‘Upon the whole, that inundation made a most surprising devastation in those parts; and the ruin occasioned by it had an agreeable influence on the surviving inhabitants, convincing them, more than ever, of what they owed to divine Providence; and for ten years thereafter they had the holy communion about that time, and thereby called to mind even that bodily deliverance.'

Dec 25
There now being much anxiety about foreign invasion, some care was taken to ascertain the state of the national defences, and there was also a proposal to fortify various places, of which, it may be remarked, Leith was one. Sir John Stewart of Traquair had been sent to inquire into the condition of Dumbarton Castle, and now reported as follows: ‘At his entry within the castle, he found only three men and a boy in ordinar guarding the same. The walls in the chief and most important parts were ruinous and decayed; the house wanting doors, locks, or bolts, and nather wind nor water tight; the ordnance unmounted, and little or no provision of victuals and munition (except some few rusty muskets) within the same.’

The description, it is to be feared, was generally characteristic. In those days, which we look back upon as so romantic, there was one thing wanting—revenue. In Scotland, owing to the poverty of the government, national buildings alternated between long periods of neglect and decay, and abrupt attempts at repair when there was a pressing need. As to the case of Dumbarton, Sir John Stewart was empowered to get it put into proper order, with a promise of reimbursement. P. C. R.

1628, Mar 11
The Privy Council took energetic measures against certain persons of the south-western province, including Herbert Maxwell of Kirkconnel, Charles Brown in New Abbey, Barbara Maxwell Lady Mabie, John Little, master of household to the Earl of Nithsdale, John Allan in Kirkgunzeon, John Williamson in Lochrutton, and many others, all apparently people in respectable circumstances. It was found that these individuals proudly and contemptuously disregarded both the excommunication and the horning which they had brought upon themselves by persisting in their ‘obdured and popish opinions and errors,’ haunted and frequented all public parts of the country, ‘as if they were free and lawful subjects,’ and were ‘reset, supplied, and famished with all things necessar and comfortable unto them,’ a great encouragement to them to continue in their erroneous opinions, ‘whereas if this reset, supply, and comfort were refused unto them, they might be reclaimed from their opinions, to the acknowledgment of their bypast misdemeanours.’ As if to mark more effectually the infamy of these recusants, a pair who had been excommunicated for adultery were classed with them. A commission was issued for the apprehension and trial of all persons ‘who are suspect guilty of the reset and supply of the said excommunicat rebels.’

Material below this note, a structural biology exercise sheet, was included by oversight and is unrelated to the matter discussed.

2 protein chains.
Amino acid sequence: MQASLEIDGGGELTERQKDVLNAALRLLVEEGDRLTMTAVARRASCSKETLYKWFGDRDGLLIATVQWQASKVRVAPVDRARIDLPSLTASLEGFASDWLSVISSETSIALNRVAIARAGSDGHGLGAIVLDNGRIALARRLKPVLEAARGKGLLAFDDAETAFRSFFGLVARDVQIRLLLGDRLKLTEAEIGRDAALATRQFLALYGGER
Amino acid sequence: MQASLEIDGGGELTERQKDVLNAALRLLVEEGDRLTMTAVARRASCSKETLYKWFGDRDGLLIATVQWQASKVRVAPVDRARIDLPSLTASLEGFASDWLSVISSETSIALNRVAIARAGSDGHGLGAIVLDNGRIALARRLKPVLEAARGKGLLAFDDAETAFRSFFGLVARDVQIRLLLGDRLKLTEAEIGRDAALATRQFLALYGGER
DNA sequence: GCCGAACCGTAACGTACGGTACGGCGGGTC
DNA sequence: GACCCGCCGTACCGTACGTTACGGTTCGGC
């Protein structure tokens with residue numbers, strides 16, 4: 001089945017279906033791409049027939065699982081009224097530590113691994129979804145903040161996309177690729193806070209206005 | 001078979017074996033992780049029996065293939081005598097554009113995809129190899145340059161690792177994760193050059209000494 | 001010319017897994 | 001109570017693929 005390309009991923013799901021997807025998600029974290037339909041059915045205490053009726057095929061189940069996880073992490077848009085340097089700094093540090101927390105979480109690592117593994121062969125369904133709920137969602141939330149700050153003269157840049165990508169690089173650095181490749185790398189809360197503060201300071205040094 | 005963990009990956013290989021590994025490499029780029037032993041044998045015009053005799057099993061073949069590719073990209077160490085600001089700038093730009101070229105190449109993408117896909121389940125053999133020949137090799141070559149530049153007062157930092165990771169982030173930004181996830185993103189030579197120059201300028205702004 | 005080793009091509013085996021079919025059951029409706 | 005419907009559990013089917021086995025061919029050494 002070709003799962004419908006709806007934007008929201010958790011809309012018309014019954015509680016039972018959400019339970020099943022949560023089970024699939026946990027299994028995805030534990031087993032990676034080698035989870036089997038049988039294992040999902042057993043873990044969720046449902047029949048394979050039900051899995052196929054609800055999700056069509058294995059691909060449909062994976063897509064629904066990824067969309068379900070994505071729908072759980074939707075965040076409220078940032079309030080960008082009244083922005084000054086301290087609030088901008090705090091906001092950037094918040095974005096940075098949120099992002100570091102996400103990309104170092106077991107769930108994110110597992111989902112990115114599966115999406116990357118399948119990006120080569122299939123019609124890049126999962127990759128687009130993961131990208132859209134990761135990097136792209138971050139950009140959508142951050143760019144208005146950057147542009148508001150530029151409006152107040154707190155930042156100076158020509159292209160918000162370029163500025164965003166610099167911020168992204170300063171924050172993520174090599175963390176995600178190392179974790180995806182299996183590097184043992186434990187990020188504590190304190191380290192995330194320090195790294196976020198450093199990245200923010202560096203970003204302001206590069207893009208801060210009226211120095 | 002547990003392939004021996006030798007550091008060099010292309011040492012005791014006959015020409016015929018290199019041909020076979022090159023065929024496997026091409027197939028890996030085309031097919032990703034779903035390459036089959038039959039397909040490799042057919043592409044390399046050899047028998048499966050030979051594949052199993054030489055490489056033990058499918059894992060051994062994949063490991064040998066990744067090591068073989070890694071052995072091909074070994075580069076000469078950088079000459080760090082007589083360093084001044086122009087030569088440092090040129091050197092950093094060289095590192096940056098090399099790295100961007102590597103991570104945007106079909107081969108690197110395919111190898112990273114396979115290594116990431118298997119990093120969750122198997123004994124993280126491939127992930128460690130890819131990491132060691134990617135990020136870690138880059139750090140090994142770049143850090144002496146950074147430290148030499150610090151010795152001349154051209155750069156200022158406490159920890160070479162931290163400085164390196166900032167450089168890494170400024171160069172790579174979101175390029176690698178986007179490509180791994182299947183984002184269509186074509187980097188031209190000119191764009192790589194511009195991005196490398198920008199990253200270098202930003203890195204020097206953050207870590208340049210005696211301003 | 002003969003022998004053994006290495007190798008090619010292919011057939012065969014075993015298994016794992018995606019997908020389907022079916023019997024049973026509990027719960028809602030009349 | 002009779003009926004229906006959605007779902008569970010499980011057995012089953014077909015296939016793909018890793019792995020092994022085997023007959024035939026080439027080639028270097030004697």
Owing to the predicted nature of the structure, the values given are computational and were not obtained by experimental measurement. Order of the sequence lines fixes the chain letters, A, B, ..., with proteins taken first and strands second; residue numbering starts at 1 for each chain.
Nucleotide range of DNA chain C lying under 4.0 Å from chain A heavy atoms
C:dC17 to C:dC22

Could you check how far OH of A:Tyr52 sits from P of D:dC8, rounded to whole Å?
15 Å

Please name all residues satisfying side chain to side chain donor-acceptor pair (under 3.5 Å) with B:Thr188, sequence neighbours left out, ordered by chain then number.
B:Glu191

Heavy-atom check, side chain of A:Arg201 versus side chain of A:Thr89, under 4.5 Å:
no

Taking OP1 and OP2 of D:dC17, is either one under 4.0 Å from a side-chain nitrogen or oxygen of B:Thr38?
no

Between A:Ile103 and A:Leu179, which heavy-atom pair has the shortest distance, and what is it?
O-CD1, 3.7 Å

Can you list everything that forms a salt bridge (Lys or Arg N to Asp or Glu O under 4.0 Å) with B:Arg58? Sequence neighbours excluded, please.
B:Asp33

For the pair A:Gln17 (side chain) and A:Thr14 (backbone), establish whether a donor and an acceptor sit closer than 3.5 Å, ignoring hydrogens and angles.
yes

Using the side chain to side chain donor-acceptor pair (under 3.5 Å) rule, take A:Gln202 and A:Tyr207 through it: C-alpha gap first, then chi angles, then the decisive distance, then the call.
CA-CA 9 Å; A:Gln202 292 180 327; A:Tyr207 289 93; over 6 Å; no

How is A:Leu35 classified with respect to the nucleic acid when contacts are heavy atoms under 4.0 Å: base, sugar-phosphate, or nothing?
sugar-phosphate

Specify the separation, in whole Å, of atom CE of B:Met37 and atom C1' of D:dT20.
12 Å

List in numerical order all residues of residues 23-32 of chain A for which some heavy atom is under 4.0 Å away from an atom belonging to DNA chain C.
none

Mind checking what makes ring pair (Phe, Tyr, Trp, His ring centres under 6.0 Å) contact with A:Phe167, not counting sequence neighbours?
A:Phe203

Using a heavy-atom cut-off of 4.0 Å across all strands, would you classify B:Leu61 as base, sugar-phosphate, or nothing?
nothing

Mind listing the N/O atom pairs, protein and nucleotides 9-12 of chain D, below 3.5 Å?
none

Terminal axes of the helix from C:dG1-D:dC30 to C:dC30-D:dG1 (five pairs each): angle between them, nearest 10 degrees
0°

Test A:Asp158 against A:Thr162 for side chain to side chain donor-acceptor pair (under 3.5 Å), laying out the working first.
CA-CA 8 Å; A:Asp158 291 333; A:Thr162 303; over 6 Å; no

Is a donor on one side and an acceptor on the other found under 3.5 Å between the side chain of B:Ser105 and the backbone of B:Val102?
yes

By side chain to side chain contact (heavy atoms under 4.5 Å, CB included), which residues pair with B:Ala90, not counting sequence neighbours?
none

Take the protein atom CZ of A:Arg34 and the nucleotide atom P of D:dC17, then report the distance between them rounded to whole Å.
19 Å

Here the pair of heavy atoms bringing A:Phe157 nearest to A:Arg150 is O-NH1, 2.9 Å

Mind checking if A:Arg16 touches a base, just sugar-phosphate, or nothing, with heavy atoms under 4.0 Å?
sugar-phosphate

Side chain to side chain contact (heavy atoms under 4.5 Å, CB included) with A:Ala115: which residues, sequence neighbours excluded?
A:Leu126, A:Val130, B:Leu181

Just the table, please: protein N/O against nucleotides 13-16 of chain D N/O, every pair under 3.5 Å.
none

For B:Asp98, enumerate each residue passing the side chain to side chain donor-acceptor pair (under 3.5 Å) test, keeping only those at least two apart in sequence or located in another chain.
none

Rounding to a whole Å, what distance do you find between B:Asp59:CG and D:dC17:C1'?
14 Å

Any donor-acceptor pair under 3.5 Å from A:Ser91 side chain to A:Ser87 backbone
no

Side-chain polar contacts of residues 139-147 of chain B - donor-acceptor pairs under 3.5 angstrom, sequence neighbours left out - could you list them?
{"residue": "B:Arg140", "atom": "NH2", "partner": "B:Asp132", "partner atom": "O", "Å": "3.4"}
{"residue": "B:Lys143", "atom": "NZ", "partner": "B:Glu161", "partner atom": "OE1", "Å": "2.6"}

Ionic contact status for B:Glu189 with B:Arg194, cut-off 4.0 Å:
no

Two of the commissioners—Sir William Grier of Lag and Sir John Charteris of Amisfield—went very promptly to that peculiar nest of papists, New Abbey, and there apprehended Charles and Gilbert Brown, two of the ‘excommunicat rebels.’ Enraged by this act, the wife of Charles Brown, and a number of other women, raised a mob against the minister and schoolmaster of the parish, ‘whose wives and servants they shamefully and mischantly abused, and pursued with rungs [sticks] and catsting of stones.’ This being held as a great insolency, and likely to prove an evil example if unpunished, the Council ordered the commissioners to hold a court at Dumfries for the trial and punishment of the offenders.— P. C. R.

A few weeks afterwards, one of the excommunicated ladies, Janet Johnston, spouse of Brown of Lochhill, was taken into custody; but being in a delicate state, she was allowed (June 26) to go home till the time of her accouchement, on condition that she gave caution for her living during the interval ‘without offence and scandal to the kirk,’ and ‘conform with the ministry for giving unto them satisfaction regarding her religion;’ failing which, immediately after her recovery, ‘she saIl depairt furth of the kingdom, and not return again within the same without his majesty’s licence, under pain of ane thousand merks.’—P. C. R.

These proceedings were followed up by some sharp handling of the papists of Aberdeenshire and the priests trafficking there.

Apr 2
The clergy of the city of Edinburgh, eight in number, were now disposed to sympathise in and support their flocks in the general repugnance to the new arrangements at the celebration of the communion. They had become sensible of the great inconvenience of dissent, and wished to bring the people back to the churches. There was, however, but a faint hope of prevailing with the king to sanction a return to the old simple forms. At the approach of the Easter celebration of the communion, ‘there was in the Little East Kirk a private meeting of the ministers of Edinburgh, and a certain number of the citizens of the said town, to the end they might reconceil the hearts of the people to their pastors, to the end, if it might be possible, they might have acquired ane dispensation from the king to celebrate the sacrament of the Lord’s Supper without kneeling, after the ancient form of the discipline of the Kirk of Scotland The conveners, having met three or four times thereupon, thought best to send Mr William Livingstone to the king’s majesty to deal for obteining the said dispensation; but before he cam to court, his majesty was informed of his message, and absolutely refused the same until he were further advised.’—
Jo. H. The king afterwards sent an imperious order to the Archbishop of St Andrews, desiring him to see to the condign punishment of the authors of this movement. The people were silenced, but soured; and the course of things that led to the Civil War went on.